The upward trend of the cinema is indeed marvelous. I refer particularly to the ease and speed with which directors see that the clothes of drenched and dripping players are dried out. Hardly is the half-drowned heroine lifted out of the water when — floo-o-o-op! Her clothes are just as dry as ever.

I am sure that the secret of this high-speed evaporation would be appreciated by housewives. Only yesterday my laundress said in mock severity: “Missis Fick, do you-all know how them movie people dry out their clothes so fast-like? Lawsy — I wish I

Come — directors — give us your secret. Think what a help it would be to us on rainy washdays !

Vivienne Fick, Evanston, Illinois.

Vivienne would probably be amused to know that 100 years on, we still have our share of quick drying heroes and heroines.

Dorothy Dalton baffled in “The Vagabond King” but at least she didn’t drop her apples. (This scene is portrayed as cute in the context of the film. Yeah…)

A Memo to Mr. Hoover

In “The Mating of Marcella,” with Dorothy Dalton, Marcella buys a bag of apples to take to her invalid father. The hero comes along in a swell limousine and nearly runs over her, causing her to drop her bag of apples. Hero and heroine drive off but leave the bag of apples on the pavement. Marcella arrives home and surprises her father with the same bag of apples.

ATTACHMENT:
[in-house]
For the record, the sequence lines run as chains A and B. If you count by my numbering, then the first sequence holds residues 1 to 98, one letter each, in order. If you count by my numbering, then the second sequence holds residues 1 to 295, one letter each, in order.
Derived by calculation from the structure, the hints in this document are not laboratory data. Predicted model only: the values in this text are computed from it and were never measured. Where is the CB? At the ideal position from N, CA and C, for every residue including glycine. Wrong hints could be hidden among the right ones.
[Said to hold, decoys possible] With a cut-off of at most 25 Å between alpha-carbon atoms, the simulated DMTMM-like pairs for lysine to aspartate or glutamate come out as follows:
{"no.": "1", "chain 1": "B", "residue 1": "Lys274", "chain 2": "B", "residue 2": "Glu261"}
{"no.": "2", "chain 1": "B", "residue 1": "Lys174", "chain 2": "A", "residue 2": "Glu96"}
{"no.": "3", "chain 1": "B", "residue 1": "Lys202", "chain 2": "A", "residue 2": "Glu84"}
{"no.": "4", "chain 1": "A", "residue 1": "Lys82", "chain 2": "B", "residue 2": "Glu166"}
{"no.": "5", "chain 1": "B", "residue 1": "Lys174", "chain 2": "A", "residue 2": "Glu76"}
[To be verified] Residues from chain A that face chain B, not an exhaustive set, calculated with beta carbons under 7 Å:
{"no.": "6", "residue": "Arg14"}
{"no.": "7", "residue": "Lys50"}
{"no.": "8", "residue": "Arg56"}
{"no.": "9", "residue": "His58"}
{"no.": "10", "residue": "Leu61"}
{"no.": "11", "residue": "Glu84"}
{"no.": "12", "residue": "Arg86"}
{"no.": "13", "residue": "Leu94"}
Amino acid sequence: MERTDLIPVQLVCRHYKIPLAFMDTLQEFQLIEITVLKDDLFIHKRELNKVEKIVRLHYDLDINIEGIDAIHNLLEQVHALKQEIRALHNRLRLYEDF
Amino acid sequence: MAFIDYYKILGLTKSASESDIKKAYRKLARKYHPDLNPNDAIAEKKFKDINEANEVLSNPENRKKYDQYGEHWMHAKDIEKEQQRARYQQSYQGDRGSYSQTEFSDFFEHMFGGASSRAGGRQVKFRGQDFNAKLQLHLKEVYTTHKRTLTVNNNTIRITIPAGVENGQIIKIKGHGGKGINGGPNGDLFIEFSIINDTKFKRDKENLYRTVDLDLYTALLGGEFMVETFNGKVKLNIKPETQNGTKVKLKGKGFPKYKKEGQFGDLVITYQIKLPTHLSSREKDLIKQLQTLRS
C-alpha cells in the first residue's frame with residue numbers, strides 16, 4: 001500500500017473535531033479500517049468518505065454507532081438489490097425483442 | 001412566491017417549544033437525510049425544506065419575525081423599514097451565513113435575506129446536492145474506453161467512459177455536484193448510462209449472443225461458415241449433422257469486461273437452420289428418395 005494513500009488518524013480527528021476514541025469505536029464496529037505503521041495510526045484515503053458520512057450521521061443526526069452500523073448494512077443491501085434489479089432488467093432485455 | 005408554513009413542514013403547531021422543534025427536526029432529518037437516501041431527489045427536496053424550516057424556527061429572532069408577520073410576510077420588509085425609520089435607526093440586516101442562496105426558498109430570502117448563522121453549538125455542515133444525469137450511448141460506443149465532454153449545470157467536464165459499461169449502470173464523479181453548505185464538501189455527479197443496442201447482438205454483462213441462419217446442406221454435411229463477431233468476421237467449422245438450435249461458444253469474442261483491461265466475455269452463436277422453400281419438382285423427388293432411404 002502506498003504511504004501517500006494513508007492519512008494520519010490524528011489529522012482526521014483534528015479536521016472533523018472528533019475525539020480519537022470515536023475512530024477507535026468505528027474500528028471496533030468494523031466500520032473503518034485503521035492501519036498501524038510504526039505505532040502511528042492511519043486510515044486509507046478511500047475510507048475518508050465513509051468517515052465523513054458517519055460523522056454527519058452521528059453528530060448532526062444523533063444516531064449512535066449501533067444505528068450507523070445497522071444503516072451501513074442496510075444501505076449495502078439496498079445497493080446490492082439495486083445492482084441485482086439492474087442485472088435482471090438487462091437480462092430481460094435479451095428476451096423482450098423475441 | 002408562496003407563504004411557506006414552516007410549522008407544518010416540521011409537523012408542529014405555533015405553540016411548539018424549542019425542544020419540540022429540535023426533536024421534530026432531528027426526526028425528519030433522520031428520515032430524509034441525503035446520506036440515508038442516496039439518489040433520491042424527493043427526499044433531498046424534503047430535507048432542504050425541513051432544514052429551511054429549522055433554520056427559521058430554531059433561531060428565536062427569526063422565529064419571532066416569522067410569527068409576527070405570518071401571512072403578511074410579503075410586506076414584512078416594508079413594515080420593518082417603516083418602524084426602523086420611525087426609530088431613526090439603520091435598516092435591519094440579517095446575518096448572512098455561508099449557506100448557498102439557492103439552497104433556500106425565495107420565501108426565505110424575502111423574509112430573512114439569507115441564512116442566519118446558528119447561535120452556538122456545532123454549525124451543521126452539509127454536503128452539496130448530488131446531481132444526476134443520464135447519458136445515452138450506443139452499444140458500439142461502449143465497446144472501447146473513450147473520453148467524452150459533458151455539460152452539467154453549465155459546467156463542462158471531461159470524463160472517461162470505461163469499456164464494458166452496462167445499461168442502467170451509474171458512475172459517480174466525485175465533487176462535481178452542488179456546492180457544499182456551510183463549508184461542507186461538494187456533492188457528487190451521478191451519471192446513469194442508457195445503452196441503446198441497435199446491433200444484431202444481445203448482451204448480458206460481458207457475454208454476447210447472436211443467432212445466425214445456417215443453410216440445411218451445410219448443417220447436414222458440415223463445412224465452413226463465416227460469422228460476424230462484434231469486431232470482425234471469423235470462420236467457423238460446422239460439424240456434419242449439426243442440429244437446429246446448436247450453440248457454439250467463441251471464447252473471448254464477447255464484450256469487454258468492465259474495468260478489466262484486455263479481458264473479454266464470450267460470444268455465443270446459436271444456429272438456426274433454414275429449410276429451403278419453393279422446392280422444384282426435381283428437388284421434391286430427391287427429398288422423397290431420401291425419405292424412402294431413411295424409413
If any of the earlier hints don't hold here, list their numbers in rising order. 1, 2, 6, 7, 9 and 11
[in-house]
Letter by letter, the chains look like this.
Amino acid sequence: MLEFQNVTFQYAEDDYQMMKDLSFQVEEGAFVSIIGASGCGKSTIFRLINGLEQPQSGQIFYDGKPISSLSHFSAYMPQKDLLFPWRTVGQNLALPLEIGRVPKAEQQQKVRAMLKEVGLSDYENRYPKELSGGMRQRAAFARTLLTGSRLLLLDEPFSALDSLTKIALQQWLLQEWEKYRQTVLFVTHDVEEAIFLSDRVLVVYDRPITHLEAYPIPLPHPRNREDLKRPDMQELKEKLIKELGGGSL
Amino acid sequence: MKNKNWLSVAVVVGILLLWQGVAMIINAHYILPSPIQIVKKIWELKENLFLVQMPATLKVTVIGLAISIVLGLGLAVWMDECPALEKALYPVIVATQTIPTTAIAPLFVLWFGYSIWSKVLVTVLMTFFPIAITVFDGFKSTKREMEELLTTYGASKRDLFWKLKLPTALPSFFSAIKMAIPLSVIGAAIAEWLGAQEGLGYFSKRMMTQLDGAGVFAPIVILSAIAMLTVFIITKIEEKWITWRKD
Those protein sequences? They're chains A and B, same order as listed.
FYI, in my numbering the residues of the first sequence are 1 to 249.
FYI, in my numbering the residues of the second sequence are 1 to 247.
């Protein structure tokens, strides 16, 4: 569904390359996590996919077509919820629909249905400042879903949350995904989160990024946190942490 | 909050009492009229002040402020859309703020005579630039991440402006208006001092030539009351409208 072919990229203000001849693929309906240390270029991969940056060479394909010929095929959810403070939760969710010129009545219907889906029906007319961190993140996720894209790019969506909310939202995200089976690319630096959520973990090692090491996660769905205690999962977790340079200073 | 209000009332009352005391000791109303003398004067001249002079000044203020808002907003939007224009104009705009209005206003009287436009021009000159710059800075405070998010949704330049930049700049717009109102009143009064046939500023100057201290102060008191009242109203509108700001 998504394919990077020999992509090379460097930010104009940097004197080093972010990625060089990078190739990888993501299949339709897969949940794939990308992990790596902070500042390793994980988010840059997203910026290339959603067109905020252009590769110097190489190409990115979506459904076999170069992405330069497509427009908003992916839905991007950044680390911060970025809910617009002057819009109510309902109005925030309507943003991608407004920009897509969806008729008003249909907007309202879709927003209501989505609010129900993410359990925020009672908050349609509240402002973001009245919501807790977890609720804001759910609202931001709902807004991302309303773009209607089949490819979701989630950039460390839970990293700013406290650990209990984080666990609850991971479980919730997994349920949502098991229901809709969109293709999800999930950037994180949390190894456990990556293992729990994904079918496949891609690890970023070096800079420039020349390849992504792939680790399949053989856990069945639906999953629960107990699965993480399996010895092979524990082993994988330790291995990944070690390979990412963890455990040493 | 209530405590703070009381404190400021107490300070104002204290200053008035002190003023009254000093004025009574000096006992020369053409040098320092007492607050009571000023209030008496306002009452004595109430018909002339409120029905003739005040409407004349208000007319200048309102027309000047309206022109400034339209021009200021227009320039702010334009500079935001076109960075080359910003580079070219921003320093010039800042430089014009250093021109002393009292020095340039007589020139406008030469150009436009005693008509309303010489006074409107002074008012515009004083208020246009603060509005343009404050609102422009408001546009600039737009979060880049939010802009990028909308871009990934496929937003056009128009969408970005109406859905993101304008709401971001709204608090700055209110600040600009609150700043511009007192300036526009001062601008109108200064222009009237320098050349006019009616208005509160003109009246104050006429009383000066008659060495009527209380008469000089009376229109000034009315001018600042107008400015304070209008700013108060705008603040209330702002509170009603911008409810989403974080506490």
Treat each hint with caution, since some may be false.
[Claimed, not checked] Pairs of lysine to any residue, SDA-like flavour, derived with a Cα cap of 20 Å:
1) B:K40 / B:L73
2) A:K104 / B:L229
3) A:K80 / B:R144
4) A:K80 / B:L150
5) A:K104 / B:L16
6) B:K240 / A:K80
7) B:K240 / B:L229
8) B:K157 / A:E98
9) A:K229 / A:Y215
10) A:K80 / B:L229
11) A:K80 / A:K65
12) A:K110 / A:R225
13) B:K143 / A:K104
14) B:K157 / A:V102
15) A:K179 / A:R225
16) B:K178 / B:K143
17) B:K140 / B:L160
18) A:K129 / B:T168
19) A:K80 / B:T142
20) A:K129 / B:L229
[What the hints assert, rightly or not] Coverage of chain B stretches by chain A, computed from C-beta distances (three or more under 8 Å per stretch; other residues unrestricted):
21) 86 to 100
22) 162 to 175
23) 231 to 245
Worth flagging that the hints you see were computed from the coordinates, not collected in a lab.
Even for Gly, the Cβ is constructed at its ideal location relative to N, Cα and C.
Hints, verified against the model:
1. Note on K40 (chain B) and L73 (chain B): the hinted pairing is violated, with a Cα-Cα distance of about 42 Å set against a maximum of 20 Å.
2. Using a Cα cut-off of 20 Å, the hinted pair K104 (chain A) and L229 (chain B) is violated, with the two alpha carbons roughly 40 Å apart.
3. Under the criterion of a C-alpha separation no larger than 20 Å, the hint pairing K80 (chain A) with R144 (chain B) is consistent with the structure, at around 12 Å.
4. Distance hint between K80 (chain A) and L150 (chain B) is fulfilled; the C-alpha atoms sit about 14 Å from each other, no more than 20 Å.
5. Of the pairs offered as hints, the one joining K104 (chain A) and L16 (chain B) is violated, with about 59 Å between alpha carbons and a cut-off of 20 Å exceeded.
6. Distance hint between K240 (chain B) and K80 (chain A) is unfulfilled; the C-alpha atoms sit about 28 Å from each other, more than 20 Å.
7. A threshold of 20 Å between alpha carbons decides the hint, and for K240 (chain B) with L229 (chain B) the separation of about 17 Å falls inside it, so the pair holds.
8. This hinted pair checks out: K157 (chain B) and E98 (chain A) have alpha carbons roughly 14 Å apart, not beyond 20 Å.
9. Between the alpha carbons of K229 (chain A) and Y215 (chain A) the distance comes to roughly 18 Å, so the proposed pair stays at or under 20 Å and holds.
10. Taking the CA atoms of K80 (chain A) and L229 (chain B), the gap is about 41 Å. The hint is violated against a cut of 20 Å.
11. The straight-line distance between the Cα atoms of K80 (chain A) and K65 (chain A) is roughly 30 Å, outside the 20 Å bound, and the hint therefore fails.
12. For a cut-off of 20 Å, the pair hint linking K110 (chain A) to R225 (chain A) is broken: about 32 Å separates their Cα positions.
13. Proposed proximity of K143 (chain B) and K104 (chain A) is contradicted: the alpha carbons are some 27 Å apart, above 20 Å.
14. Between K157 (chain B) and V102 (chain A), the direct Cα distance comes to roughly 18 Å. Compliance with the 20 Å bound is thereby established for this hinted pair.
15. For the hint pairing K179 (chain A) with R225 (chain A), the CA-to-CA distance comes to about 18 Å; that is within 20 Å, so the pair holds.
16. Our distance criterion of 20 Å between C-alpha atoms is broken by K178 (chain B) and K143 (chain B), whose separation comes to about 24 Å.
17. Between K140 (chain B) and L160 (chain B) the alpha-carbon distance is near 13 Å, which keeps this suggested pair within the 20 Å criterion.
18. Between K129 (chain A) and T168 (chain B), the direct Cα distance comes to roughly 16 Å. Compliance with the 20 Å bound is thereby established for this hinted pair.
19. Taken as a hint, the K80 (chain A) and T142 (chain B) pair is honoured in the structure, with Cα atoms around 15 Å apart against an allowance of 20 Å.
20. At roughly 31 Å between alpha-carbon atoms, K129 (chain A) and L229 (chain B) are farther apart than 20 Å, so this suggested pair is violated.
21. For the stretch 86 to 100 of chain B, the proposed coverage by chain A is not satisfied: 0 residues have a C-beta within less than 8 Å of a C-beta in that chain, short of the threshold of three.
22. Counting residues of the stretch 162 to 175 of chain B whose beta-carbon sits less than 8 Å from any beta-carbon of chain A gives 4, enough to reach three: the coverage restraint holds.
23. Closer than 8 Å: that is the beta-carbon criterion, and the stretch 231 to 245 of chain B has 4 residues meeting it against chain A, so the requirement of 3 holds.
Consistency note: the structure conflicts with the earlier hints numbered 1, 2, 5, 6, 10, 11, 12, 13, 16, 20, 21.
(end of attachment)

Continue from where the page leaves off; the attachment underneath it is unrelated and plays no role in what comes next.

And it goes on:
Carl J. Peterson, San Antonio, Tex.

I am posting this one for the title alone because, goodness gracious, it’s the worst I have seen in a long time. It makes the heroine sound like a lab rat or a prize Pomeranian. The film is missing and presumed lost.

English As She Is Wrote

I’m sending you the program of a picture theatre out here — where they make ’em, and ought to know. I have, quite unnecessarily, called your attention to some of the best effusions of the theatre’s inspired publicist, and want your thanks for enlivening a dull day.

English as she is wrote: “‘Tangled Lives’ — an unusually strong story with a steady grip of suspense.”

“‘Jules of the Strong Heart’ — a story of the Great North Woods and virile manhood. The smell of the pines and the breath of love mingled into a plot that brings a lump to your throat one moment and leaves you convulsed with joy the next.” Truly an acrobatic performance!

Another picture is described as “the story of a great love surging with the mighty problems of today.”